***DISCLAIMER: Some of this information could be better or is inaccurate.  Specifically how big of a battery you need.  I plan on making a new tutorial eventually, but for the most part this tutorial is accurate.***

Have you ever wanted to build a combat robot (battlebot), but gave up because you didn’t know where to start? Well, hopefully this tutorial/instructable will help. I condensed a lot of information down into a step by step process, taking out most of the stuff you really don’t need to know, but leaving the crucial information. This tutorial is focused on the insect weight robots (75grams to 6 pounds), because the majority of competitions held are for insect weight robots, and they are the least expensive.

Throughout this tutorial I will be putting a robot together for demonstration. I used wood for a material,and you shouldn't.  The reason why I used wood, was because I was just putting the robot together for this tutorial, and I am never going to compete with it.  In fact I already threw it away, because it was a mix-match of a bunch of different ways to do things.

Step 1: Weight Classes

Before you do anything else, you have to pick a weight class. The weight constraint helps determine which parts are needed.

Insect Weight class:
• 75g Fleaweight (not common)
• 150g Fairyweight (5.3oz)
• 1lb Antweight
• 1kg Kilobot (Canada Only)
• 3lb Beetleweight
• 6lb Mantisweight (not common)

I suggest building an antweight or a beetleweight as a first robot, because you don’t have to be as concerned about weight as with lighter robots. It is less expensive to build a antweight, but you will find it easier to stay under the 3 pound limit. Also, beetleweights are more common than antweights, but any competition that has beetleweights will have antweights, and vice-versa. So, it is really up to you, just pick a weight class and go with it, you can always build another robot for a different weight class.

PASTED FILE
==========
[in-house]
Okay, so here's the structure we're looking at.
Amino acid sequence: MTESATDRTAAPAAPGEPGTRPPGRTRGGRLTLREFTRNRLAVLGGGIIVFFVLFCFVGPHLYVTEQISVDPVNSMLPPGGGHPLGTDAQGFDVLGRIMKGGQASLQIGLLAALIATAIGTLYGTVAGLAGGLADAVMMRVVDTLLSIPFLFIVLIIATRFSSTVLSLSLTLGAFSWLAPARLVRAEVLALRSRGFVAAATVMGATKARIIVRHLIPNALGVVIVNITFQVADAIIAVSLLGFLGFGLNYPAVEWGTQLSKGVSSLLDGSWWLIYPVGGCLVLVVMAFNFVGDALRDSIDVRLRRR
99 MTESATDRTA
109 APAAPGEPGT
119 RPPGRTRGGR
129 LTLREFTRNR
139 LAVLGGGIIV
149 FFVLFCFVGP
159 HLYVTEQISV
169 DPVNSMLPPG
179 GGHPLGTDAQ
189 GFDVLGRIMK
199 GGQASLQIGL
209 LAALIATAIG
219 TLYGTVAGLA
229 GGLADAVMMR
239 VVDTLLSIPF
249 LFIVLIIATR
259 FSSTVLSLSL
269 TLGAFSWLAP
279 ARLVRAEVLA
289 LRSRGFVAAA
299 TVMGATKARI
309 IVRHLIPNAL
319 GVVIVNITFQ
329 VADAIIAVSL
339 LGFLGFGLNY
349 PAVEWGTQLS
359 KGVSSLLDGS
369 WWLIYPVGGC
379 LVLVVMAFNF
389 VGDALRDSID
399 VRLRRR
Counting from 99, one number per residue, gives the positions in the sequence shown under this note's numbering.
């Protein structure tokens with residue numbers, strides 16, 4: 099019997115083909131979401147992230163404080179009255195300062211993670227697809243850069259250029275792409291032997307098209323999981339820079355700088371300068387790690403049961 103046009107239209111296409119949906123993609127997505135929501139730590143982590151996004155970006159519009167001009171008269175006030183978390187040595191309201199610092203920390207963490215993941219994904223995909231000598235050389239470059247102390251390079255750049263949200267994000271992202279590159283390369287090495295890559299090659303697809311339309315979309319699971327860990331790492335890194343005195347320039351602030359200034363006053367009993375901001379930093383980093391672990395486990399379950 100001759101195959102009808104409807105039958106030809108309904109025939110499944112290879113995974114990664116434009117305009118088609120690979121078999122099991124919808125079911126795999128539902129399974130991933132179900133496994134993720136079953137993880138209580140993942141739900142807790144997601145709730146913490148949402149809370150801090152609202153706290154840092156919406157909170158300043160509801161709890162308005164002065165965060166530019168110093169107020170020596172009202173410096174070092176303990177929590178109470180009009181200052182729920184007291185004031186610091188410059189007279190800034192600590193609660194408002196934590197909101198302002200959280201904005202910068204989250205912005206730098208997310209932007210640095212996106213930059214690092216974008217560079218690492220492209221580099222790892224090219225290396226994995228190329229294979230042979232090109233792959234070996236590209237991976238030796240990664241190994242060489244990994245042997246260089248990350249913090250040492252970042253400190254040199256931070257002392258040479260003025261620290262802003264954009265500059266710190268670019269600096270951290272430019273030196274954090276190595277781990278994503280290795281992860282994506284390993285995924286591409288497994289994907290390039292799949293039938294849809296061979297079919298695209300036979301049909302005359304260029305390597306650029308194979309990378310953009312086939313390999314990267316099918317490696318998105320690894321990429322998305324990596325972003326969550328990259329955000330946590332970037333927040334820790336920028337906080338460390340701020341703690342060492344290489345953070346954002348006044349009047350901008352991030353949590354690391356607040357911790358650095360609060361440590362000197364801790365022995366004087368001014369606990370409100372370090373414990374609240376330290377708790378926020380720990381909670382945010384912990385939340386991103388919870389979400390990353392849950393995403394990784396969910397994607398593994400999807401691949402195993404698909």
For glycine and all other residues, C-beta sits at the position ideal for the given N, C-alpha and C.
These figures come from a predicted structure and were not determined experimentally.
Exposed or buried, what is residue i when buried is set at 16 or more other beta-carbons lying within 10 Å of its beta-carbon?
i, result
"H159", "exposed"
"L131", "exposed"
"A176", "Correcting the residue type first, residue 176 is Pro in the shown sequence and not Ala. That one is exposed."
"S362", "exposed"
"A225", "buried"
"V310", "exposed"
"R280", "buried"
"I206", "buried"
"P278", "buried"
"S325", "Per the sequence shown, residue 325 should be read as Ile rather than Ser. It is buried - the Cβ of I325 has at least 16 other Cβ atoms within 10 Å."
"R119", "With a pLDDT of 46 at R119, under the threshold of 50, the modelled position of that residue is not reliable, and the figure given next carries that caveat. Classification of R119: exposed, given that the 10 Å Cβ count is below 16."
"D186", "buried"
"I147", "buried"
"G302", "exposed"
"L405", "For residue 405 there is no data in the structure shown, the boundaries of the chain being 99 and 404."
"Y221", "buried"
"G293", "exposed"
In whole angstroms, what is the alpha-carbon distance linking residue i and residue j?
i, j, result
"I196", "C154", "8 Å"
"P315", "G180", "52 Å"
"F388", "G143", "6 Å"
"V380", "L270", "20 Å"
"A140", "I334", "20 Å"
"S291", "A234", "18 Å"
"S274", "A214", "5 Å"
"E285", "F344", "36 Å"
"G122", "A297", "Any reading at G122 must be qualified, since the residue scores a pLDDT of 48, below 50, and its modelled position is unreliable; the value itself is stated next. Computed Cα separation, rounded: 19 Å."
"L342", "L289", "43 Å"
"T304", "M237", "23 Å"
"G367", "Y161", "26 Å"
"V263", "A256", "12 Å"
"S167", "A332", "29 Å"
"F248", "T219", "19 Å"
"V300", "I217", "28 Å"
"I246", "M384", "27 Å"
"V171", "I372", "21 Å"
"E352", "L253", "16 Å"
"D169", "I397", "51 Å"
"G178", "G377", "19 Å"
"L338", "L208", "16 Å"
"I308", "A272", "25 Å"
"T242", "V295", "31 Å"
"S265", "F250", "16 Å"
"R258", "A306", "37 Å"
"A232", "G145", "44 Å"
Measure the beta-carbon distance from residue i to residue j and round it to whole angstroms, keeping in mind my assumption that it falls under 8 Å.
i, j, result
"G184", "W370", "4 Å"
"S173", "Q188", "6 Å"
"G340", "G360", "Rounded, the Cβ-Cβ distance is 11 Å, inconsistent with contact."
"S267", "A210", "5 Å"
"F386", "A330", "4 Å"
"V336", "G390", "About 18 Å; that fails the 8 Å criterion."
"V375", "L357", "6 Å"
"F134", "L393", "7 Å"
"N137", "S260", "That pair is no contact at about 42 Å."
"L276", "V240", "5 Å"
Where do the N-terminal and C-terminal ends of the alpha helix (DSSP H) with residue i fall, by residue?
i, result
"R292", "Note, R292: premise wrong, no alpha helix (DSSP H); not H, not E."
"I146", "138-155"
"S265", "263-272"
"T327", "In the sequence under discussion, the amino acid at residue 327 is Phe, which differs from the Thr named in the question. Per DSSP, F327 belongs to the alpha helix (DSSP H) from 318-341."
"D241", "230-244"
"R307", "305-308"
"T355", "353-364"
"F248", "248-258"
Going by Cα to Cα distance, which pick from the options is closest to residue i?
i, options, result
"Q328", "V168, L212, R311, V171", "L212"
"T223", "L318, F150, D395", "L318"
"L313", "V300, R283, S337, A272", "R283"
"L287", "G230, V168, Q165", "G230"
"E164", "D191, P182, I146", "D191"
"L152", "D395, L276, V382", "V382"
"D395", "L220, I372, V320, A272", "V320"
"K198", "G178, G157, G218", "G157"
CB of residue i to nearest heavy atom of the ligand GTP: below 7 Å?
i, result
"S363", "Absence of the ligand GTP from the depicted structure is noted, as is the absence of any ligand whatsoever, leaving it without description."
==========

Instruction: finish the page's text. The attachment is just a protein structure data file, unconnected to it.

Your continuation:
<p>Does anyone run micro-controlled insect weights. Would an arduino or pi stand up to the abuse. Or is there another reason why they are all directly RC controlled? </p>
<p>It's not exactly Arduino, but there's an Atmel based dual channel programmable ESC that I plan to use on my Beetle weight bot. It'll control 2 sets of brushed motors for tank style steering. </p><p>It's not just an ESC, they provide the source code for the ESC, and allow you to program it and use the remaining I/O pins for sensors, etc. What's exciting to me is that this costs about $20, and replaces $60 worth of ESC, while adding autonomous capabilities. </p><p><a href="http://www.robotmarketplace.com/products/0-PL1220.html" rel="nofollow">http://www.robotmarketplace.com/products/0-PL1220....</a></p>
Oh cool thanks I look into it.
<p>Not that I've seen. RC is common because it is easy to set up and a human controlling the robot is typically going to be better than an autonomous system. However, arduino and raspberry pi should be able to handle the same abuse.</p>
Ah, okay. I am thinking if using a Bluetooth controler on the arduino. Just seams like nobody does this and I was wondering why. But I guess RC is easier.